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comment by wasoxygen
wasoxygen  ·  1078 days ago  ·  link  ·    ·  parent  ·  post: Is It Better to Be Poor in Bangladesh or the Mississippi Delta?

I am inclined to agree. We should throw out the dirty water and keep the beautiful healthy babies.

Can you cite an example of regulation done well that I could look into? I have only researched a few narrow areas carefully, and it's likely that they haven't been representative.

b_b  ·  1078 days ago  ·  link  ·  

    Can you cite an example of regulation done well that I could look into?

Well the Cuyahoga River hasn't set on fire in some years.

wasoxygen  ·  1078 days ago  ·  link  ·  

    The 1969 Cuyahoga River fire helped spur an avalanche of water pollution control activities, resulting in the Clean Water Act, Great Lakes Water Quality Agreement, and the creation of the federal Environmental Protection Agency and the Ohio Environmental Protection Agency (OEPA).

The Clean Water Act, you recall, figured in our conversation about phosphorus.

    Summing up:

    Late 1960's: Eutrophication is perceived as a significant environmental concern.

    1964-1970: Detergent manufacturers recognize the need to remove phosphorus from detergents and spend considerable resources developing NTA, a safe alternative.

    1970: The government tells detergent manufacturers to stop using NTA.

    1972: The Clean Water Act and local laws restrict the use of phosphorus in detergent.

    1980: The government says NTA is okay after all.

    Is it obvious that the government even did more good than harm by getting involved with this issue?

johnnyFive  ·  1078 days ago  ·  link  ·  

The Clean Air Act is a pretty good one. One estimate is that it saved $22 trillion in healthcare costs. And that's just the costs, not counting the social good of a lot fewer sick people. And the reduction in global warming.

wasoxygen  ·  1078 days ago  ·  link  ·  

    And that's just the costs, not counting the social good of a lot fewer sick people.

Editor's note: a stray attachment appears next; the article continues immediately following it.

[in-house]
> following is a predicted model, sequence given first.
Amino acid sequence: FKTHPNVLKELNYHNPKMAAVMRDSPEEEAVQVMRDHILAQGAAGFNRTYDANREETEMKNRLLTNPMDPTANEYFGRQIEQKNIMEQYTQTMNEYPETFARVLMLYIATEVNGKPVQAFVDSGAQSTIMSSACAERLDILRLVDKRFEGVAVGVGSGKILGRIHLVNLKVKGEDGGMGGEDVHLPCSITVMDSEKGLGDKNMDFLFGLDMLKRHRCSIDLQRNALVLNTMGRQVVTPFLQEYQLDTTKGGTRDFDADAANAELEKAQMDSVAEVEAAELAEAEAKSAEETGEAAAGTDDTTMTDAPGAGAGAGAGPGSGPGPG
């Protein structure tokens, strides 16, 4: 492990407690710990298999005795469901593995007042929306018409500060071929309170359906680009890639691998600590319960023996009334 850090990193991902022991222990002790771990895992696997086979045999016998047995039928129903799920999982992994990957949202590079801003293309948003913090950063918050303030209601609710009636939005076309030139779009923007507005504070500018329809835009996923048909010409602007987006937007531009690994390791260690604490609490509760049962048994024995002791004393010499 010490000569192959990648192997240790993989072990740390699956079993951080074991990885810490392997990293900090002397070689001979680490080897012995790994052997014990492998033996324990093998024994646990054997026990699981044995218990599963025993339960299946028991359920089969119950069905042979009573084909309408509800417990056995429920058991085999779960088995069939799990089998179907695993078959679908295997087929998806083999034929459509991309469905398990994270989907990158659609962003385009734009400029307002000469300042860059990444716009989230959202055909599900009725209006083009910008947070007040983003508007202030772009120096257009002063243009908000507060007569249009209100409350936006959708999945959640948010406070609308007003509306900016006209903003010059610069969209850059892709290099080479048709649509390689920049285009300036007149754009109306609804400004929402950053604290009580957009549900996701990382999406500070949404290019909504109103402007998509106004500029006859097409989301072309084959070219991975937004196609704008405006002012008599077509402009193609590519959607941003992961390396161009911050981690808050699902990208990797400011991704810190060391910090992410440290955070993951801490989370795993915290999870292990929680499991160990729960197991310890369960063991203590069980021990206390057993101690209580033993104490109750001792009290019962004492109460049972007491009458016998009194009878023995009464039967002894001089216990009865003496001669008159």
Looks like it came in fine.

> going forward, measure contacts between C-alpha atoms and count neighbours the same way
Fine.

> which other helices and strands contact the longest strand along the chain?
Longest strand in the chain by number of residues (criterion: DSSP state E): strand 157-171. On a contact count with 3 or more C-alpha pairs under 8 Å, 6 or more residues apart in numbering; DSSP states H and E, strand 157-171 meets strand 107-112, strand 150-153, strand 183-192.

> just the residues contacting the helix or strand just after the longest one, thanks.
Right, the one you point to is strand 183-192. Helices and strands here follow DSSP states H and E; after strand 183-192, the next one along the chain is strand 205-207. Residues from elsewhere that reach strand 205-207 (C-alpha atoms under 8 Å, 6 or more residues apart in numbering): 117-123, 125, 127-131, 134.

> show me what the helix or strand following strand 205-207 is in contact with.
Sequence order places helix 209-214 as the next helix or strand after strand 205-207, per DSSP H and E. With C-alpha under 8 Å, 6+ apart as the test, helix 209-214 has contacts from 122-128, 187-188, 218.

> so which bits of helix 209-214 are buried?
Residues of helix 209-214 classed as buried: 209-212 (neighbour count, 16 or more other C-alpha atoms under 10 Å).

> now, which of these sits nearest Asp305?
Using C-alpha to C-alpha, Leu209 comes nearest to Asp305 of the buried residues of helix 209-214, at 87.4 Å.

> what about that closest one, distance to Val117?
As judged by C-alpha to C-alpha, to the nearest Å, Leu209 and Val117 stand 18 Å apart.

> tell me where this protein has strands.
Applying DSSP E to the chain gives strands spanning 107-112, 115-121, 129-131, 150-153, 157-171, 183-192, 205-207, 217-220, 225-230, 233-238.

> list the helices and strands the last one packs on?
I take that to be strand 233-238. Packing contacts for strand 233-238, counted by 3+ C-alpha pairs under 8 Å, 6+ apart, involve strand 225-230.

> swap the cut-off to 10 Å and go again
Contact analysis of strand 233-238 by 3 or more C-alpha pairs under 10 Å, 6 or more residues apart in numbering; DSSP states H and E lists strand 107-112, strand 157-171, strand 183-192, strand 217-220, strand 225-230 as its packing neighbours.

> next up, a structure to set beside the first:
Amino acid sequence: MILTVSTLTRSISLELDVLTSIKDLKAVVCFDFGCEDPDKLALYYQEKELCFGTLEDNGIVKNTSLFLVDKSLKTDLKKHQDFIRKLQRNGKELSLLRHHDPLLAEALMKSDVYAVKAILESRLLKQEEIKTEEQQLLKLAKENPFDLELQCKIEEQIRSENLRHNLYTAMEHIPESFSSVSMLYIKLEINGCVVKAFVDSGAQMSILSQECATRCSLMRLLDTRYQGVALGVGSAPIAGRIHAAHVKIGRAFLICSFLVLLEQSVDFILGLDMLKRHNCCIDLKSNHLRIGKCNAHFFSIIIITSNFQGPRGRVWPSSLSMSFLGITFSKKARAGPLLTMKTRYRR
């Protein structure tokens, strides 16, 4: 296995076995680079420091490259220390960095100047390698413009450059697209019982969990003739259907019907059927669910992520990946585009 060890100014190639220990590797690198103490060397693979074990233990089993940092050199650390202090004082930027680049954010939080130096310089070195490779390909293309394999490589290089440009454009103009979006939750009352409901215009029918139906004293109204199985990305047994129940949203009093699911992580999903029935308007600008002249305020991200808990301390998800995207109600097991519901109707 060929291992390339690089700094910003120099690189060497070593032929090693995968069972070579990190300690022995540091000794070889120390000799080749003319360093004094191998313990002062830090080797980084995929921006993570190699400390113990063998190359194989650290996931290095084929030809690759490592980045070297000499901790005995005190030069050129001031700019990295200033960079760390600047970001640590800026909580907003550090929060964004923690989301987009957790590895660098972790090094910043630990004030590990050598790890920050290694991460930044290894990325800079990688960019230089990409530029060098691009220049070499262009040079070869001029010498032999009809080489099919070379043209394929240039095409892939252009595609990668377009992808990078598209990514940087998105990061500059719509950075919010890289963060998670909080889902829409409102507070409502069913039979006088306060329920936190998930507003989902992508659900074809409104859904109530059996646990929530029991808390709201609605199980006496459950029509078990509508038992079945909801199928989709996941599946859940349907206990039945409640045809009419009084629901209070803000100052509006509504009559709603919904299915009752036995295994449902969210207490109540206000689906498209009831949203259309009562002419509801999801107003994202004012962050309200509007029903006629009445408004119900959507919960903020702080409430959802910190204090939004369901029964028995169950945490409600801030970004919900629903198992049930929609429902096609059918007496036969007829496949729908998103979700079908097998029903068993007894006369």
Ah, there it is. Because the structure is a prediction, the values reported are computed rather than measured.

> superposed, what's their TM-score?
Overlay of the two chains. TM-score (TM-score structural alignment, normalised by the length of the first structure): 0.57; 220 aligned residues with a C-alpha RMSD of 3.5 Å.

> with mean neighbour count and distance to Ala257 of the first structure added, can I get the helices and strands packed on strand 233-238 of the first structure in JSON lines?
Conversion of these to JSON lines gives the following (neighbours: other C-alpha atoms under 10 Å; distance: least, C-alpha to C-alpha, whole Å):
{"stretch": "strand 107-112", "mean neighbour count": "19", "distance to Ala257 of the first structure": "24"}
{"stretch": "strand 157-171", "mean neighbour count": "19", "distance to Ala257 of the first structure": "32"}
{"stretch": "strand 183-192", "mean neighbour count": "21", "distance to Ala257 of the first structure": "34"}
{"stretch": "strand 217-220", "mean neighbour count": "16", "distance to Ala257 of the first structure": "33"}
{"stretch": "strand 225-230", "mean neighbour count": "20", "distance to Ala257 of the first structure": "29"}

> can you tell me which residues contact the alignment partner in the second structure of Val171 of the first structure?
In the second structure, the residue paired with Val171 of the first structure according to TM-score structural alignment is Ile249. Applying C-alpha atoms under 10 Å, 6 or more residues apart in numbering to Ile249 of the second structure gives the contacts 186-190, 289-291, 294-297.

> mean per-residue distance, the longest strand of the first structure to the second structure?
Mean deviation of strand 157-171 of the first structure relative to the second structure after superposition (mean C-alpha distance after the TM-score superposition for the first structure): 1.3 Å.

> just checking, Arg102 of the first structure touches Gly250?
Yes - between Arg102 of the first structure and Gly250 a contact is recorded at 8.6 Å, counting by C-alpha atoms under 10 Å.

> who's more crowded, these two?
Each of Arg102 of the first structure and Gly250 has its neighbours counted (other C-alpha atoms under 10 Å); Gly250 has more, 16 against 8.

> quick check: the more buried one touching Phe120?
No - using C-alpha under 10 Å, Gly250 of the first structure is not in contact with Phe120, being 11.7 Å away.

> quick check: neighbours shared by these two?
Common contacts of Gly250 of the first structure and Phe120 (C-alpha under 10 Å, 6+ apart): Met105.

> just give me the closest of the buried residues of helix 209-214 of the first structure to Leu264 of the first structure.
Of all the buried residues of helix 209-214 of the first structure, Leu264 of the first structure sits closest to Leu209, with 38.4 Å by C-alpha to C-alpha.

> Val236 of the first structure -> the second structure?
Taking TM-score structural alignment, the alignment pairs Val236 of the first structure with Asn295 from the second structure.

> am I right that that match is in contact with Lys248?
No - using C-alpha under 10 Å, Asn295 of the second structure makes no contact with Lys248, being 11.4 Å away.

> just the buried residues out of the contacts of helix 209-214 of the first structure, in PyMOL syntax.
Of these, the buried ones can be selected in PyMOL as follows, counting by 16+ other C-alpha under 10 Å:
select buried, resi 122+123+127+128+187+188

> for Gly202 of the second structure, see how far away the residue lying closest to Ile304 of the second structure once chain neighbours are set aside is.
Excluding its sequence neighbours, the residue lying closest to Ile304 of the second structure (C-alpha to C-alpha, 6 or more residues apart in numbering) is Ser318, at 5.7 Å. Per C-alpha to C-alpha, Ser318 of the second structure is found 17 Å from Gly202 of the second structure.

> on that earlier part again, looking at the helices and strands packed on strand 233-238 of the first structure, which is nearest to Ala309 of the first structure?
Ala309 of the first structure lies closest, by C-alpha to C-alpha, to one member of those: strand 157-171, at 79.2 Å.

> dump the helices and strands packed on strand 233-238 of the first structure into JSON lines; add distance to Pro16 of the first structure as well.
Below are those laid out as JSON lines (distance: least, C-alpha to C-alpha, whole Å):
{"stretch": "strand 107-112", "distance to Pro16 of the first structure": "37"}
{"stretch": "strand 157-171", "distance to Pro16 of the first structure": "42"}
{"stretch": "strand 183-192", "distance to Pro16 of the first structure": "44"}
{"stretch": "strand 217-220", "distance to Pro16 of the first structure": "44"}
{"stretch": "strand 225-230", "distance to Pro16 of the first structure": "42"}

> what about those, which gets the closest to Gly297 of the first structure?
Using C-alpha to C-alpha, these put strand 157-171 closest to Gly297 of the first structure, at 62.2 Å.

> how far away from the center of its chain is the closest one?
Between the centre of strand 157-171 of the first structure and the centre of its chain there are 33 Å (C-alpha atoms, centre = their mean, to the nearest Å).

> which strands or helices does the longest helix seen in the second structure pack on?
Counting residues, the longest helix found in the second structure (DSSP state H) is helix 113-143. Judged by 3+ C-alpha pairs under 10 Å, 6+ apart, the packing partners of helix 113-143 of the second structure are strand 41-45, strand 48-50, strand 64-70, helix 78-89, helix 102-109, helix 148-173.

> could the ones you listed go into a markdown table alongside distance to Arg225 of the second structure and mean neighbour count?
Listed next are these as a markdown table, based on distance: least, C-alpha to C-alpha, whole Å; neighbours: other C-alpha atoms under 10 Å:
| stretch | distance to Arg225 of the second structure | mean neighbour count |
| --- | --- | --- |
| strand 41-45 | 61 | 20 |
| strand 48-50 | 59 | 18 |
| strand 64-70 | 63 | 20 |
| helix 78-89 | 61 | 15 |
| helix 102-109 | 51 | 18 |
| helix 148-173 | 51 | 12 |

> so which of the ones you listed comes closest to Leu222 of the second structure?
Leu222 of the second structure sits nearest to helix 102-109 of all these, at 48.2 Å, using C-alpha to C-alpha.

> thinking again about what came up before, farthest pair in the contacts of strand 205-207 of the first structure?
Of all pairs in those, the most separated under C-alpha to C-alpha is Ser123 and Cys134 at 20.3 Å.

I don't get the impression that EPA shortchanged themselves counting savings. Table 13.1 shows 184,000 annual deaths avoided thanks to particulate matter reduction, each one valued at $4.8 million. That's a social good (a big one!) and over 21 years adds up to $18 trillion, the majority of the central estimate of savings if my math is correct.

The EPA report includes dollar estimates for improvements in IQ points in children, missed work days, restricted activity days, shortness of breath in children, "household soiling damage," visibility impairment, and agricultural yields.

I haven't gotten the feeling that they are exaggerating these (necessarily highly theoretical) numbers, but I do feel that they are counting whatever they can.

wasoxygen  ·  1078 days ago  ·  link  ·  

Thanks, that does sound like a good candidate. My expectation after reading the Atlantic article is that I'll largely agree that it is cost-effective legislation. But I have had such positive expectations dashed before.

It's a bit suspect that the source for this good news is the EPA itself. We all know what to think about research performed by Philip Morris.

I also note that the act is a factor in the addition of ethanol to gasoline, which I think is bad policy overall. I have doubts that the EPA counts such secondary effects as "costs." It's not an easy calculation.

    The Clean Air Act requires the addition of oxygenates to reduce carbon monoxide emissions in the United States. The additive MTBE is currently being phased out due to ground water contamination, hence ethanol becomes an attractive alternative additive.
b_b  ·  1078 days ago  ·  link  ·  

And let's not forget that this example and mine both fall under the auspices of the EPA, an organization that was created by Richard Nixon (and later bolstered by Reagan and Bush I). Oh for the days when environmental protection wasn't a partisan issue.